The Yellowtail Wrasse is also commonly referred to as the Yellow-tail Tamarin, or Spotted Wrasse. The Yellowtail Wrasse has a black body covered with varying sized white dots, which makes it a captivating addition to any home aquarium. The Yellowtail Wrasse requires high maintenance and difficult to keep in captivity, therefore is recommended only for expert users. The Yellowtail Wrasse may act peacefully but often is found harassing smaller fishes. The Yellowtail Wrasse is not at all compatible with Batfish, sharks, Sea horses, Pipefish and Pseudochromis, so should not be housed with the same. It is imperative if kept with Yellowtail Wrasse is kept with Dwarf Angelfish, Anglers & Frogfish, Hawkfish, Hogfish, Lionfish & Scorpion fish, and caution is required. The aquarium should have corals or plenty of rocks since the Yellowtail Wrasse eat small invertebrates that grow on these live rocks. The Yellowtail Wrasse might refuse eating initially in captivity, but once it starts eating, its diet includes live, small feeder shrimps (brine, mysid) and finely chopped marine meats. The Yellowtail Wrasse grows up to 9 inches and should be kept in a tank not less than 60 gallons with plenty of place to swim and hide. The Yellowtail Wrasse thrives well in a moderate temperature and pH of 8.1-8.4.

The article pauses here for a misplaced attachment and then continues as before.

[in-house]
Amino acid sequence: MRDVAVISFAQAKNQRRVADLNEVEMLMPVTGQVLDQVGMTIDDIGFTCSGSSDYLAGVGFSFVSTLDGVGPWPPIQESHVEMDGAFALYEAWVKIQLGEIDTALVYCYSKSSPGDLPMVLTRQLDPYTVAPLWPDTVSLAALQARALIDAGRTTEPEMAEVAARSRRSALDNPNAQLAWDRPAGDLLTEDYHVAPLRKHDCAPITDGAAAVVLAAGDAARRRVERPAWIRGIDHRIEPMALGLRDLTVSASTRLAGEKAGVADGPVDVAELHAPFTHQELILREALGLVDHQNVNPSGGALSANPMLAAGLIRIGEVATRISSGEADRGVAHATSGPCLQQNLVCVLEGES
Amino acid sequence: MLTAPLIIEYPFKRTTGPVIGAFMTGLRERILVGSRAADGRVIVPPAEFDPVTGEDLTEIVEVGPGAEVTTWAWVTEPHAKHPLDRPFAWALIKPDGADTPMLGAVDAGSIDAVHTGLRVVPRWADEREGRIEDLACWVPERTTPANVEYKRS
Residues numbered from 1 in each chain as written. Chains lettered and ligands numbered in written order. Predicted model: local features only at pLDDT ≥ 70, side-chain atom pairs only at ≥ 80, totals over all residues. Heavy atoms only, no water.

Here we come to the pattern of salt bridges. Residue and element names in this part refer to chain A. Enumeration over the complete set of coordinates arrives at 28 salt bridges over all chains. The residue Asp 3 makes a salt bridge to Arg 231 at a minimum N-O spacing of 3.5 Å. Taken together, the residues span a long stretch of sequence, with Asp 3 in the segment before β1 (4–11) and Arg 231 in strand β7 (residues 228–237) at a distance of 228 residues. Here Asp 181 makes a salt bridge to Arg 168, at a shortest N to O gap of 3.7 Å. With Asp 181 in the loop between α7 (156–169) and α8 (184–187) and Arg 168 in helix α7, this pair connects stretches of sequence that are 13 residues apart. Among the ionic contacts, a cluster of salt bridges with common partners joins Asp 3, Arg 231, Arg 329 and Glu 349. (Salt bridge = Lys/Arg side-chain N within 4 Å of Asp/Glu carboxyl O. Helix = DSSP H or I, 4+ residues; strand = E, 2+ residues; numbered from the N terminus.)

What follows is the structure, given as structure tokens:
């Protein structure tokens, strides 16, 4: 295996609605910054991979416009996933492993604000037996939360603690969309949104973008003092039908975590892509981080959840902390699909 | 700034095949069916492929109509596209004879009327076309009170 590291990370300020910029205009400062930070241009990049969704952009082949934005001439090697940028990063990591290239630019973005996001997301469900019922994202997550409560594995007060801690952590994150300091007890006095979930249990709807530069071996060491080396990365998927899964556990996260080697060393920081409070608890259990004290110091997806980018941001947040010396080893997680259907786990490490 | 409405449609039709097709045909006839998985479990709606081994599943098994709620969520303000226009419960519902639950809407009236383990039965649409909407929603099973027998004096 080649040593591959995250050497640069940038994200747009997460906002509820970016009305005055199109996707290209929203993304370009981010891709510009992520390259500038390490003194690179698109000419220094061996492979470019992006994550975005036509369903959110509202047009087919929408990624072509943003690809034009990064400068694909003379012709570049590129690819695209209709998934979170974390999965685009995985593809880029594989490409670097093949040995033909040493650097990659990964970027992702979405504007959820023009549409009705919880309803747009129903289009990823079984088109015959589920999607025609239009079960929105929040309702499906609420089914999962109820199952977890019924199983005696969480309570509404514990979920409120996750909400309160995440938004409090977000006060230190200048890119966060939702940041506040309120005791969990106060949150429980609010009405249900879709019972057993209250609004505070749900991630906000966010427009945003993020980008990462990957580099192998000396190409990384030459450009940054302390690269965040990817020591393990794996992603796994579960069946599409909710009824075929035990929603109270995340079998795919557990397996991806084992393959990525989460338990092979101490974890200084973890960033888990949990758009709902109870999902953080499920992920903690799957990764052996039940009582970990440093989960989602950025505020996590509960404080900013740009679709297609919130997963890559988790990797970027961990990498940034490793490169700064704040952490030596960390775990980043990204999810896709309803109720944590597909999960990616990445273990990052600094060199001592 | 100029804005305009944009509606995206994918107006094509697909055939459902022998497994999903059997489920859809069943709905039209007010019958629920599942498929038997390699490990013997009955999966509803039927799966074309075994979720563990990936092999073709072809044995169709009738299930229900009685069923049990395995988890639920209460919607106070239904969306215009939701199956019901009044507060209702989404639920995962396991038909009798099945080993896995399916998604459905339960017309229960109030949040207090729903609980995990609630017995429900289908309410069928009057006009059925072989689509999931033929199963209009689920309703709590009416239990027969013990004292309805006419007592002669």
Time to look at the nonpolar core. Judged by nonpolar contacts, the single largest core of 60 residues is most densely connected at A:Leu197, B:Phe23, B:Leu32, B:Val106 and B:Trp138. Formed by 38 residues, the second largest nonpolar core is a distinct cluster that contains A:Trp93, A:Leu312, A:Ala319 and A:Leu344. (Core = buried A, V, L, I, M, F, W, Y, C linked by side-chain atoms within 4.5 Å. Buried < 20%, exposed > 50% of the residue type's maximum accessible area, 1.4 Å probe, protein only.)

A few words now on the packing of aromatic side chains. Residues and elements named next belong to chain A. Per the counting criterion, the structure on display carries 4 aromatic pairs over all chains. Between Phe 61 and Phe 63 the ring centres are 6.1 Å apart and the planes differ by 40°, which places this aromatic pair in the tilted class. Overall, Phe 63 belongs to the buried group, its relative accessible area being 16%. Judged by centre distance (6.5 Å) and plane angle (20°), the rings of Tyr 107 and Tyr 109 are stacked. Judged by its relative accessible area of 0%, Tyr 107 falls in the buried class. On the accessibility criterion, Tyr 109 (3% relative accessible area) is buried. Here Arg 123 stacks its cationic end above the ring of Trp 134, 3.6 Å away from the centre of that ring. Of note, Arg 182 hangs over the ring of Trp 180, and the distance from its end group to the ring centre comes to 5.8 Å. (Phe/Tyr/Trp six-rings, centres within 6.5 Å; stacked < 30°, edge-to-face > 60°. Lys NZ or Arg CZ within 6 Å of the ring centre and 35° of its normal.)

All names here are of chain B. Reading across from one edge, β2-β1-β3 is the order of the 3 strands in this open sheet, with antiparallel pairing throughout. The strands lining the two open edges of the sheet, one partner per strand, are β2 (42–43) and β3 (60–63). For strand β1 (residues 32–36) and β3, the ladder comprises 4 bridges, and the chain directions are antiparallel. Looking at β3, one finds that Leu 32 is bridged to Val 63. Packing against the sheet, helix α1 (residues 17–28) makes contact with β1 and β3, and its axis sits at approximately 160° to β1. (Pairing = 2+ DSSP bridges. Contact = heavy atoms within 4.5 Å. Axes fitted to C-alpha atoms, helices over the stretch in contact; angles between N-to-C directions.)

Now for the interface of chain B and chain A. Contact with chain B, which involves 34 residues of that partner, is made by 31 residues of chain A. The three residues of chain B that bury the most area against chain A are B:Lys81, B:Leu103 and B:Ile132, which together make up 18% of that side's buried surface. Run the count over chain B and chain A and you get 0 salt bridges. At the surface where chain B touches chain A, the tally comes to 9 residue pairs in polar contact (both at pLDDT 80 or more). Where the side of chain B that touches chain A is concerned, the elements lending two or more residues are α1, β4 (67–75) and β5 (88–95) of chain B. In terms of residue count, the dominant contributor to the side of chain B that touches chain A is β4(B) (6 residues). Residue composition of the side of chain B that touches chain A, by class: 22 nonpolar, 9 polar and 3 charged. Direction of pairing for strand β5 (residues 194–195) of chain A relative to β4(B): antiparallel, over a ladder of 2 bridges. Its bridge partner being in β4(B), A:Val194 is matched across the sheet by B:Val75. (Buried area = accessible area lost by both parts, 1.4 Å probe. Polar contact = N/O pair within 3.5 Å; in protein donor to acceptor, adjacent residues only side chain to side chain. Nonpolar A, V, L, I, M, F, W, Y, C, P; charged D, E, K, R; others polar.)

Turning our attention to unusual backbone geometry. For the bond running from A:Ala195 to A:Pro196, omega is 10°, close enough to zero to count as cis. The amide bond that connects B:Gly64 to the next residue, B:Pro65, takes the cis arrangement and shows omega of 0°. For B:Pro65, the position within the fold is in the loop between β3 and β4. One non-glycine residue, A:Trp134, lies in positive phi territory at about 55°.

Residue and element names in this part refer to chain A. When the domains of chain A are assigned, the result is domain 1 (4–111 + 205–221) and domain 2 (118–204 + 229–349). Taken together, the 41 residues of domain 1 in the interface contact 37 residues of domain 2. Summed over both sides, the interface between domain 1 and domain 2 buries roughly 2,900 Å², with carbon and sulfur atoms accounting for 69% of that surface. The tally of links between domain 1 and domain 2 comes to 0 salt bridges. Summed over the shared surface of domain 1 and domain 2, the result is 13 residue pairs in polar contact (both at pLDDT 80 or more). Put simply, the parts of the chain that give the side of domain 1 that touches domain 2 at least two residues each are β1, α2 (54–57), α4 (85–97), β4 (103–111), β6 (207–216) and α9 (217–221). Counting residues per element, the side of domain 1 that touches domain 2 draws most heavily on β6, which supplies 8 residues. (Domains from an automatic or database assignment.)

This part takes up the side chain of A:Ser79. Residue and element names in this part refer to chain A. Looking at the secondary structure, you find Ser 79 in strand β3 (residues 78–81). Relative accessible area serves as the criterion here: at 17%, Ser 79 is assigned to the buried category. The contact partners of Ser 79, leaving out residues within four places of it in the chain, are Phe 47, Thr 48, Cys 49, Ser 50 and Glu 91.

The Wrasse family of fish is a large group of usually very colorful free swimming fish. These fish are powerful swimmers using their pectoral fins to propel them through the water. Wrasses usually have powerful jaws that enable them to crush their food, which includes worms. These fish usually have long continuous dorsal fins and are found in groups in the wild. The Wrasses are one of the few fish that will bury themselves in the sand when sleeping or during flight. Wrasses are also able to change their sex during these phase changes.